Damien Rice led Luke to Ryan Adams, to Ray Lamontagne, to Josh Ritter and, eventually, back to Neil Young and Bruce Springsteen. “The elitist in me thinks that it’s maybe a bit naff to say the Damien Rice was my guiding influence,” he laughs, “when most people will mention The Beatles or The Stones, or Bob Dylan. I definitely have that way of thinking in me. But the truth is, I didn’t grow up with anything good, musically. Everything was handed down to me by my eldest brother, he was the first of us to really get into music that our parents didn’t listen to.” Home was New Malden, an area in southwest area that was, Luke says, “not the strangest place to grow up in, but it is a bit of a non-place. There’s not much going on – there isn’t even a cinema, and there aren’t any music venues either. Me and my friends would have to put on gigs in church halls and coffee shops.” The guitarist John Martyn was born there, a fact, Luke says, that is often raised in interviews. “People say, ‘How did that influence the area?’ and I’m always like: ‘It didn’t.’ Because nobody there knows about it. It’s not like there’s a statue of him on the high street. There should be.”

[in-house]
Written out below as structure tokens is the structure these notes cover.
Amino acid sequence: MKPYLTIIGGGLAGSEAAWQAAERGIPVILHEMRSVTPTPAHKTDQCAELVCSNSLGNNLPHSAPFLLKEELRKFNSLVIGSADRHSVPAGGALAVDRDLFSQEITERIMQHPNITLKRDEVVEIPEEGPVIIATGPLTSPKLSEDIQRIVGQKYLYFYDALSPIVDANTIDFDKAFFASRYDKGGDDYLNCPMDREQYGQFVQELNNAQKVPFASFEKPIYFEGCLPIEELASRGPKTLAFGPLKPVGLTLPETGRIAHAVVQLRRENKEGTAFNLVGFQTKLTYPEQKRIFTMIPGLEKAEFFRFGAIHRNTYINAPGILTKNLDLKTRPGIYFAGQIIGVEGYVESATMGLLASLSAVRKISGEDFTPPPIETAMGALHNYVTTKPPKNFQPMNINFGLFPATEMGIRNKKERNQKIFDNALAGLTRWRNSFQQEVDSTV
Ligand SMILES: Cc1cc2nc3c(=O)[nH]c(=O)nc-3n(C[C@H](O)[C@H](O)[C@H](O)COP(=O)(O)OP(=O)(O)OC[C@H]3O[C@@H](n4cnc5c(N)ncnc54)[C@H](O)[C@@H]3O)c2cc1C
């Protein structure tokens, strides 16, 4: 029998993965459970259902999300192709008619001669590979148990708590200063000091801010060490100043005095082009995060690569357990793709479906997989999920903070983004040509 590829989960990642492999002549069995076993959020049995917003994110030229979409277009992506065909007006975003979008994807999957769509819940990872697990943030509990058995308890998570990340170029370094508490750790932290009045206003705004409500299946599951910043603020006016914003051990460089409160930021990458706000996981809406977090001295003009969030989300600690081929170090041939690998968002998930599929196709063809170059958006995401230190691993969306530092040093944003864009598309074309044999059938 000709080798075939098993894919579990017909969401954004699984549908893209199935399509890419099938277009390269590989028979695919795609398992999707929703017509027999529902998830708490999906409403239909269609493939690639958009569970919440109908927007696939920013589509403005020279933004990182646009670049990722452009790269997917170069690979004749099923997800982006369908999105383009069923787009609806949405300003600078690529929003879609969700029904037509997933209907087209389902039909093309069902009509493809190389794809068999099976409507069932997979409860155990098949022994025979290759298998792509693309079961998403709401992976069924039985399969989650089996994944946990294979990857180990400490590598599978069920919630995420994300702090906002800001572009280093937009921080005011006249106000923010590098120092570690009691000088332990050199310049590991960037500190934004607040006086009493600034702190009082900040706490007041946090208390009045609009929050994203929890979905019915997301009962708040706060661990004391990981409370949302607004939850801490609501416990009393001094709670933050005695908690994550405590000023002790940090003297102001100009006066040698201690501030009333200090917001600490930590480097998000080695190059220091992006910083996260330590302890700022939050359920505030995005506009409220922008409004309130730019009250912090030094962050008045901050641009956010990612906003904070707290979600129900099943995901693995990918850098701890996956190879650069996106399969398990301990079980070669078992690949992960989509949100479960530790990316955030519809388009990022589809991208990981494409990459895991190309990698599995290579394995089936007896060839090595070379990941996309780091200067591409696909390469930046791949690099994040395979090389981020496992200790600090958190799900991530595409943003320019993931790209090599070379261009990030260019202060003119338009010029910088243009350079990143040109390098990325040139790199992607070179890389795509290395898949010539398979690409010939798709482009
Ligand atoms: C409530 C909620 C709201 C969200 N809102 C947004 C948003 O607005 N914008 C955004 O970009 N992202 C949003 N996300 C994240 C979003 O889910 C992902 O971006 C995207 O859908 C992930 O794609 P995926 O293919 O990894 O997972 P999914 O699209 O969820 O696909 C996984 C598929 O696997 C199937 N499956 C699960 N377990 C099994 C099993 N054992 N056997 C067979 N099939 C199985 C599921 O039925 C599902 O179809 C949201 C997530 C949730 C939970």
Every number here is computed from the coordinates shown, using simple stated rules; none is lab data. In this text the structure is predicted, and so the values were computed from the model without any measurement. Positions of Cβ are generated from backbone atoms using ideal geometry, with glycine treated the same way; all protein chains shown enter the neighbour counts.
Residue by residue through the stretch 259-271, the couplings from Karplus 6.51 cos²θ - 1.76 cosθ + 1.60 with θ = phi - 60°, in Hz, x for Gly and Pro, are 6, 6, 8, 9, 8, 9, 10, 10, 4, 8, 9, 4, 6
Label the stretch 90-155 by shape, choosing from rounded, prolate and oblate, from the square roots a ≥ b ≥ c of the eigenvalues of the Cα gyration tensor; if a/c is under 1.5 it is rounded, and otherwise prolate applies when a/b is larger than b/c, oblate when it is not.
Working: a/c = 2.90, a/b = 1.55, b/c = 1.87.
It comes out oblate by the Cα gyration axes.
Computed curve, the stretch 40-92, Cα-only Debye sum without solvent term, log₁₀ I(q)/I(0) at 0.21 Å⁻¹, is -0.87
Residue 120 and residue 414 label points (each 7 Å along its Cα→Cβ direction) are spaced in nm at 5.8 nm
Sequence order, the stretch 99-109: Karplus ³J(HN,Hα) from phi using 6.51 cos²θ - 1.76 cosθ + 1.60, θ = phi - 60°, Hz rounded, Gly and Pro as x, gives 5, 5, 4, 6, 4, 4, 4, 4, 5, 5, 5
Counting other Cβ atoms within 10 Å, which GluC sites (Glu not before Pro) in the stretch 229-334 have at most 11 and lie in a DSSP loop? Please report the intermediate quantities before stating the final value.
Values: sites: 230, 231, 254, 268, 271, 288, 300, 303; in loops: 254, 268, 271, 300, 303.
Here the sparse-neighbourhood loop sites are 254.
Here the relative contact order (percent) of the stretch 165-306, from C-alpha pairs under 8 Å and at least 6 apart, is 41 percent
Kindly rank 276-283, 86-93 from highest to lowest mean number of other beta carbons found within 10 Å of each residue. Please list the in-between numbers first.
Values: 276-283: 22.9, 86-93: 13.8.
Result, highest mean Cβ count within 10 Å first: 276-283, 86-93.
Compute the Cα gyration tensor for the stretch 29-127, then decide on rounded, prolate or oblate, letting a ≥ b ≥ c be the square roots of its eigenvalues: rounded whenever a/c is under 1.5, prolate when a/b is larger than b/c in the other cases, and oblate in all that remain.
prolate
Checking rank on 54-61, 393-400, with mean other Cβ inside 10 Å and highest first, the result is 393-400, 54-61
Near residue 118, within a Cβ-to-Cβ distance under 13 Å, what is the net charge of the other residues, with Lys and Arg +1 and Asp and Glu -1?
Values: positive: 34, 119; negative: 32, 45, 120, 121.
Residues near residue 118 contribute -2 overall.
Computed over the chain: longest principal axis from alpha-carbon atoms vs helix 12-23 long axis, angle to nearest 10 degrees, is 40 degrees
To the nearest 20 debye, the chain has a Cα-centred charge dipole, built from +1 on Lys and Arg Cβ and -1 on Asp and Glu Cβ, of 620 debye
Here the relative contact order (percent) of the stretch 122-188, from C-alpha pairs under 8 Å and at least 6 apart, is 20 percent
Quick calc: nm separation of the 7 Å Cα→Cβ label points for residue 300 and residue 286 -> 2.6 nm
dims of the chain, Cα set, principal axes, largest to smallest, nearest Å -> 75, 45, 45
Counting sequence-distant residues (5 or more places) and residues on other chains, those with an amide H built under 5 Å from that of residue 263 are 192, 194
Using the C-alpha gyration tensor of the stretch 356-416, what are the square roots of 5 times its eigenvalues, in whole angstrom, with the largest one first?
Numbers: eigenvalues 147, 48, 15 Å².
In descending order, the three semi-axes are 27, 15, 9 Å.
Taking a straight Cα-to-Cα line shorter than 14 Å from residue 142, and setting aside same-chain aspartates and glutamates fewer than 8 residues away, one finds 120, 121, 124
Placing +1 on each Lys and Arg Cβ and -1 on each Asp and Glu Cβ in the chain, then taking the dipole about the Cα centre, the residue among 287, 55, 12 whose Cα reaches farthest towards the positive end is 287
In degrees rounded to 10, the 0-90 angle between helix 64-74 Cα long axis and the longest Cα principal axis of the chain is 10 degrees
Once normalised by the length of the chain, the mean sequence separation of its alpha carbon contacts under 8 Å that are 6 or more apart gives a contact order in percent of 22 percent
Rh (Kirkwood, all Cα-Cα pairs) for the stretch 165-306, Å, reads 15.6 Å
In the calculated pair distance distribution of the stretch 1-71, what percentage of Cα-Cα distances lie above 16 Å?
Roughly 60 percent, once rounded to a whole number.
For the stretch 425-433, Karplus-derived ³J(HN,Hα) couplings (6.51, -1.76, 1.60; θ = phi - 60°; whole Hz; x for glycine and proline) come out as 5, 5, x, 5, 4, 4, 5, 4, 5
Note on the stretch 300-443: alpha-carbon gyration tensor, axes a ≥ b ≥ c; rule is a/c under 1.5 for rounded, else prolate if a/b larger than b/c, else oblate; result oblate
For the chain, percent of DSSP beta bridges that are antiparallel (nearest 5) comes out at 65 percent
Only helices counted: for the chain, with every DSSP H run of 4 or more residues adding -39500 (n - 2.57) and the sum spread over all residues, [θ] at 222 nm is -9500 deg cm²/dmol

Luke’s two elder siblings – “both high achievers, with proper jobs now” – got into the “good” school. Luke didn’t. “And that was the moment,” he says, “when I realised: ‘Ok, I’m on a different path here.’” That path took him to college in Brighton as a 19-year-old, to study music. Which is where serendipity enters the picture. “The evening before the first session,” Luke says, “I wrote a song in my grotty bedsit, and I brought it in on the first morning. And the first lesson, by coincidence, was three hours with Iain Archer [the producer and songwriter, who has collaborated with Snow Patrol, Jake Bugg and Fionn Regan, among others], who was teaching there at the time. And he said: ‘Does anyone want to play a song?’ Everyone was very sheepish, but for some reason – and this isn’t like me at all – I thought, ‘I’ll give it a go’, and put my hand up. And I performed the heck out of that song. From that moment on, Iain took an interest in what I was doing. At college, you could book one-on-one time with tutors, so I booked every minute of Iain’s time that I could get. That was total serendipity. Another of the visiting tutors was this brilliant woman who was an A&R and had signed Josh Ritter, and I think I was the only one in the class who had any idea who Josh Ritter was. And I booked all her time, too, and a year later, she got me opening for Josh Ritter on tour.”